The family is the basic unit of society and is recognized as such by communist officials, who consider it the smallest collective unit. Parents are charged with educating their children in the socialist way of life. Family structure and relationships have been affected by the increased participation of women in the work force.

In the mid-1980s, there were three major mass organizations-- the Free German Trade Union Federation, the Free German Youth, and the Democratic Women's League of Germany. These organizations sought to produce a unity of interests among all segments of the population and to mobilize support for government policies.

The educational system, which is a source of pride for the East German government and people, is the primary agent of socialization. In the mid-1980s, all children began the ten-grade general polytechnical school at the age of six. The curriculum emphasized science and mathematics and contained a "practical experience" component designed to bridge the gap between learning and work. Upon completion of the ten-year program, most students began vocational training as apprentices in local factories.

As of 1987, about 47 percent of the East German population was Protestant. Another 7 percent was Roman Catholic, and under 1 percent adhered to other religious beliefs. The Lutheran Church, the main Protestant denomination, was organized into eight territorial churches that were, in turn, federated into two primary organizations. Both of these groups had separated from their West German counterparts in 1968. They cooperated with each other under a loose federal structure set up in 1969, but as of the mid-1980s there was talk of integrating the Lutheran churches into a single entity. The church characterized its relationship with the regime as one of critical solidarity, a phrase that implied a mixture of compromise and criticism. The regime considered the church an anomaly and generally discouraged the population from participating in religious activities. For its part, in the mid-1980s the church became a focus of dissent because it provided institutional and ideological foundations for the growth of an unofficial peace movement.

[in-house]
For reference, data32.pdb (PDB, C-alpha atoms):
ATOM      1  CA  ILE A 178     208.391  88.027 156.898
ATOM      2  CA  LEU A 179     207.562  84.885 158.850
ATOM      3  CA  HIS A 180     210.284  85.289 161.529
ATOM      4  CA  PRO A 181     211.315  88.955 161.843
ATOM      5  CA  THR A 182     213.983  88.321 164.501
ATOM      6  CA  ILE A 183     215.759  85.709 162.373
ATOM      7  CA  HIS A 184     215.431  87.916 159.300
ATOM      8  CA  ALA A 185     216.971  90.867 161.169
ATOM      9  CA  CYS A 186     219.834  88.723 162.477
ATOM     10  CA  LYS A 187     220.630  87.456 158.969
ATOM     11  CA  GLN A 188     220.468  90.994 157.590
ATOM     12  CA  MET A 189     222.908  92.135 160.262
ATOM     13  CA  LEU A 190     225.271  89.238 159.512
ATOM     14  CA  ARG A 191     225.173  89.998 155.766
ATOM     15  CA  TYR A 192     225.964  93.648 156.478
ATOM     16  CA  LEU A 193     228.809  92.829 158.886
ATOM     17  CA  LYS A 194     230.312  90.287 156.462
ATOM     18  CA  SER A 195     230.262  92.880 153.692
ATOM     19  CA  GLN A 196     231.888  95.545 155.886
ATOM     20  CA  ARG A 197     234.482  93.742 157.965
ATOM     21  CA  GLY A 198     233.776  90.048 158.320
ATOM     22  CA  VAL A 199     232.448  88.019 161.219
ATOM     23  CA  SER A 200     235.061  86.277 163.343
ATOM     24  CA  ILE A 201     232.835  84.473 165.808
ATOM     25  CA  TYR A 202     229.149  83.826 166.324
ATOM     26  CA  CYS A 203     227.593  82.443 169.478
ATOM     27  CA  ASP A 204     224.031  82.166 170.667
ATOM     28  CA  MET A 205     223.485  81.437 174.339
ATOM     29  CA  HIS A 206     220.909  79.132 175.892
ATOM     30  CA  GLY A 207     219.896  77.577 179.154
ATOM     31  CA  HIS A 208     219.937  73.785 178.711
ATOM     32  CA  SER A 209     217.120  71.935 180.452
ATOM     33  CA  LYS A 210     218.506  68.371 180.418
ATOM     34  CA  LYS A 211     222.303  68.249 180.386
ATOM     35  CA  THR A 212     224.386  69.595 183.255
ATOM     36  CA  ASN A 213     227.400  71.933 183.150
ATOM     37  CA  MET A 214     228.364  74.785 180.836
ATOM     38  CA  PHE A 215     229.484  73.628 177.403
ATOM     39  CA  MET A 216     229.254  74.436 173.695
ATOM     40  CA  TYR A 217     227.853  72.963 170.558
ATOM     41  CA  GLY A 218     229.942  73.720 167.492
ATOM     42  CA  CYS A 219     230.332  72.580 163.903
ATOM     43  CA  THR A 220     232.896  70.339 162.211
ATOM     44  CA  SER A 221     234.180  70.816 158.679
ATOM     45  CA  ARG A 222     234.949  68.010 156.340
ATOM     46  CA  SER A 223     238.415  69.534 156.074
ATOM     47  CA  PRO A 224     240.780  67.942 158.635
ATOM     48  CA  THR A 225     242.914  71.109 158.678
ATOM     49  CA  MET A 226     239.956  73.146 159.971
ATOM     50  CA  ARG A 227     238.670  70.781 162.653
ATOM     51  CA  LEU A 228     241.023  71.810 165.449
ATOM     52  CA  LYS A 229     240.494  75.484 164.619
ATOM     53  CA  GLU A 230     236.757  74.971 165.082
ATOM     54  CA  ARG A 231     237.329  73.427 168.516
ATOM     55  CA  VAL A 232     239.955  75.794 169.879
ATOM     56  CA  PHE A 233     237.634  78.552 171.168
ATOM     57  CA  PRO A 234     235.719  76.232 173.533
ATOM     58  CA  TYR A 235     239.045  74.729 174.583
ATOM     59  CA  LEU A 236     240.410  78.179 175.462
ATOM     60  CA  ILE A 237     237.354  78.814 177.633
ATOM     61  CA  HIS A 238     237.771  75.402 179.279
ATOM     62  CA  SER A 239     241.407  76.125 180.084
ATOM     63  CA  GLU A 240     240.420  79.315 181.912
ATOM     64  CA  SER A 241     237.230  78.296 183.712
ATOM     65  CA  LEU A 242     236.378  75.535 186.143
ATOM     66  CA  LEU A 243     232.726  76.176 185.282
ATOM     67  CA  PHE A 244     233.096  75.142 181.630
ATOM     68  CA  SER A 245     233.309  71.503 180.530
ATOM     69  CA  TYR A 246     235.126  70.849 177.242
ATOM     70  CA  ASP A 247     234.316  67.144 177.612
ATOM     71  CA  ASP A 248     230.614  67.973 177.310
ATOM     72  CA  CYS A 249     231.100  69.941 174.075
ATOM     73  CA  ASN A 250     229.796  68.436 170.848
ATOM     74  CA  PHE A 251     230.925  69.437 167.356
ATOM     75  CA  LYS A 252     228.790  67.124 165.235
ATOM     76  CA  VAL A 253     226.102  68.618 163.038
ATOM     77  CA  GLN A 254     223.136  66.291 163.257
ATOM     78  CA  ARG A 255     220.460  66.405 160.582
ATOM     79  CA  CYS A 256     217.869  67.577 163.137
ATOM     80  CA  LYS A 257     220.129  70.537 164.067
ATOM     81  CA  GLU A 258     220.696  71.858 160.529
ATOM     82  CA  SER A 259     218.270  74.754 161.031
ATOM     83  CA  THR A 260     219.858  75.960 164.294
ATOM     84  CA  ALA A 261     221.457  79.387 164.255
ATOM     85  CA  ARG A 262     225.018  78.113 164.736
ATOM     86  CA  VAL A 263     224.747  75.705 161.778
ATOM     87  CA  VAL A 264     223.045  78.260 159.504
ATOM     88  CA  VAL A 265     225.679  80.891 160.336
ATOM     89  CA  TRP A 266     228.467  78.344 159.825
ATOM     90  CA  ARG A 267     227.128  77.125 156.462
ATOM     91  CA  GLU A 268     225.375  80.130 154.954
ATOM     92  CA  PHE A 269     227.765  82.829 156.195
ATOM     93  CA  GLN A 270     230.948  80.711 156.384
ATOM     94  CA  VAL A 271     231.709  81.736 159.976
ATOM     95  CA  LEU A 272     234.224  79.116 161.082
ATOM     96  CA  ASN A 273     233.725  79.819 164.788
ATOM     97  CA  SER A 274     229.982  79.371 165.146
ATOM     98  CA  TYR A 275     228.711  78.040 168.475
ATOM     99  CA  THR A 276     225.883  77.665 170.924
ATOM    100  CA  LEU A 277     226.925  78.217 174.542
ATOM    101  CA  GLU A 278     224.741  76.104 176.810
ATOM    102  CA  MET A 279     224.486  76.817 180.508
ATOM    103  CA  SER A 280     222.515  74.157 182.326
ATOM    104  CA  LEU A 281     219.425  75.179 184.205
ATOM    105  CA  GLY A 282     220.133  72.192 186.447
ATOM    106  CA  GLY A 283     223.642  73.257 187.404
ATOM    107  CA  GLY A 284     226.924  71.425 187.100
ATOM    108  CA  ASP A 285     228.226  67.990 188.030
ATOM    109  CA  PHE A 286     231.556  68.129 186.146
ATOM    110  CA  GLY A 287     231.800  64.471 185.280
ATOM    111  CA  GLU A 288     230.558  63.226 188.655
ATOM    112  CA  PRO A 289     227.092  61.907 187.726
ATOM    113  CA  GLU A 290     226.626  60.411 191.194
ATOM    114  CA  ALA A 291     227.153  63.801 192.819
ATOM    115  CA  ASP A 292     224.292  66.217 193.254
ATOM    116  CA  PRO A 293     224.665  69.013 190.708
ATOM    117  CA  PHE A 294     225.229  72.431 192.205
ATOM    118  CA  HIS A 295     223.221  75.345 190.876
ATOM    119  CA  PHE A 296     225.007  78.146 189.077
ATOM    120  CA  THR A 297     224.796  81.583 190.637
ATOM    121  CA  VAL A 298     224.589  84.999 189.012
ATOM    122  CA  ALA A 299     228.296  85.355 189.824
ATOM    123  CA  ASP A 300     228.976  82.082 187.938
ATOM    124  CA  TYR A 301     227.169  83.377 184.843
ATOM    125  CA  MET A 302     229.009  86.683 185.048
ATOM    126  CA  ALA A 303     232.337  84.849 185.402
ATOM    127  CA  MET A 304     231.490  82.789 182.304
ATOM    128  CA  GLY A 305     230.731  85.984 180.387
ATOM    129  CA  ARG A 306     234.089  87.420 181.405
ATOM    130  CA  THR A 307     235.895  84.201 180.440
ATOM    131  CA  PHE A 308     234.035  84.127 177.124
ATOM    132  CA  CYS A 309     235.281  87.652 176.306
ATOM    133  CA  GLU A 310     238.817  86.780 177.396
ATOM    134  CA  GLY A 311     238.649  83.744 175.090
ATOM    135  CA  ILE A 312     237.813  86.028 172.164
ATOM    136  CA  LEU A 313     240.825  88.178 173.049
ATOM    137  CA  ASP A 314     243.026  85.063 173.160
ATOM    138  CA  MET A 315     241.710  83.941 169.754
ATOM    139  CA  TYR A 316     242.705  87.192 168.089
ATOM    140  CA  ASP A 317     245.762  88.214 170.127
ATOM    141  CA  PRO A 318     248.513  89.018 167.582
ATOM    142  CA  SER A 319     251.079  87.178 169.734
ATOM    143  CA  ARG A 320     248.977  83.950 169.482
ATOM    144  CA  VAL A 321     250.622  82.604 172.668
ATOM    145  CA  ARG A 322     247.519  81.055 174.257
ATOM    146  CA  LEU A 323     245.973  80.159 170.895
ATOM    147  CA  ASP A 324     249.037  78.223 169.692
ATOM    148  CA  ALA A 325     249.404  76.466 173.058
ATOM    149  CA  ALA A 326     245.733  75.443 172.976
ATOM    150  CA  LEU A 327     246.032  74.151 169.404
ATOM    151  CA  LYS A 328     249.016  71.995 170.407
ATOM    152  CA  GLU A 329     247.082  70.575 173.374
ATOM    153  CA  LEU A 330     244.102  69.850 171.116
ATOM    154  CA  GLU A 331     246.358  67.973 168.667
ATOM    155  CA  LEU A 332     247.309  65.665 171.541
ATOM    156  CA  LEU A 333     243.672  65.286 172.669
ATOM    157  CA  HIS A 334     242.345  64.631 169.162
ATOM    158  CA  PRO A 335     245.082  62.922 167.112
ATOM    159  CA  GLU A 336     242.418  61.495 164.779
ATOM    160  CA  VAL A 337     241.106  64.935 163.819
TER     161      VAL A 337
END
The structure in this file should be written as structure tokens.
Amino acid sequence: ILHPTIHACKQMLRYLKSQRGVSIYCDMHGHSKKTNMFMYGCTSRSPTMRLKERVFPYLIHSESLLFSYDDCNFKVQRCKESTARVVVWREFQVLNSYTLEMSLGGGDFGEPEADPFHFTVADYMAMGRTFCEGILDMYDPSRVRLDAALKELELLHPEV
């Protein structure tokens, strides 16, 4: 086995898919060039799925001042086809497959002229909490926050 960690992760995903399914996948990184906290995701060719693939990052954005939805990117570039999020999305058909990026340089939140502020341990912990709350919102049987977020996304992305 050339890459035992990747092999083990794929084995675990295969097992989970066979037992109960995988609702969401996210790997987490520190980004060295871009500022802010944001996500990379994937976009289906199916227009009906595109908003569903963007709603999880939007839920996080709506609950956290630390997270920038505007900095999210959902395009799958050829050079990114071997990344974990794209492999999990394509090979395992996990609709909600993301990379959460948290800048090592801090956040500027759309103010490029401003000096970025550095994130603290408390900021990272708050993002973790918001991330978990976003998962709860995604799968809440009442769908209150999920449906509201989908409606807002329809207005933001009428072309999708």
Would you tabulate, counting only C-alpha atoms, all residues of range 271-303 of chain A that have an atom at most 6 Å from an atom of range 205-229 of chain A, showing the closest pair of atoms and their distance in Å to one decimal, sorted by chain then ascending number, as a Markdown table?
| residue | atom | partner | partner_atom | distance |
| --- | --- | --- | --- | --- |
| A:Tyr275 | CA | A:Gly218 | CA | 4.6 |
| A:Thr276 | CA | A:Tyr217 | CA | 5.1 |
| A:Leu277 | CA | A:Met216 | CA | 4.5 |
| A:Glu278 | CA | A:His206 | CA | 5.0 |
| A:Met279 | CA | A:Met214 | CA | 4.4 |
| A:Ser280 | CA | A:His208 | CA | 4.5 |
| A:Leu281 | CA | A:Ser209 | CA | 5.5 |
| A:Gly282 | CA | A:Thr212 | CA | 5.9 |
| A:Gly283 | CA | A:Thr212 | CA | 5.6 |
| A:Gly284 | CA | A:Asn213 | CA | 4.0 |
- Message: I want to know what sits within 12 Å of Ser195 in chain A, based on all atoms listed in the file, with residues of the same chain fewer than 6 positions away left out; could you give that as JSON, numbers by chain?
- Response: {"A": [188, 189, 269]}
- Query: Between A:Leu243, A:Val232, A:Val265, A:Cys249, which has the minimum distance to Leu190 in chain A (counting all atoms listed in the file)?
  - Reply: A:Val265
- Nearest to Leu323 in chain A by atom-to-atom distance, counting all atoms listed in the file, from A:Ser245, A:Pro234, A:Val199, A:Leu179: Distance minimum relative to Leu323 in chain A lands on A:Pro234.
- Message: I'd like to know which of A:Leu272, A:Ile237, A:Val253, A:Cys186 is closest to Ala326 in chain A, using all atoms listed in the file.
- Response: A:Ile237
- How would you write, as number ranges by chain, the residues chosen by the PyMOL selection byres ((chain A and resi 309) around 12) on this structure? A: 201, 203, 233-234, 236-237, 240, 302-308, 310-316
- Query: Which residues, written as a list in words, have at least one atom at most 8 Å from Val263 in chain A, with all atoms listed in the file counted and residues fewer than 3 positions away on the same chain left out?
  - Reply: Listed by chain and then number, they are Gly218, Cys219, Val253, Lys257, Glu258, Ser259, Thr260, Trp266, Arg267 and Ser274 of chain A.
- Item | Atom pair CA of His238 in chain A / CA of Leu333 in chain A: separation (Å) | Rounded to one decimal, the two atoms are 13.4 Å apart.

In the early 1980s, an organized opposition emerged that revolved around the issues of peace and the demilitarization of East German society. Opposition also crystallized around small groups of the creative intelligentsia, who began openly to criticize the regime in their artistic and philosophical works. Most of the young intellectuals were committed Marxists who sought to reform the system. Since the mid-1970s, the regime has attempted to stifle dissent by exiling these critics to the West. Dissent was also evident in the number of East Germans who attempted to leave the country both legally and illegally.

Data as of July 1987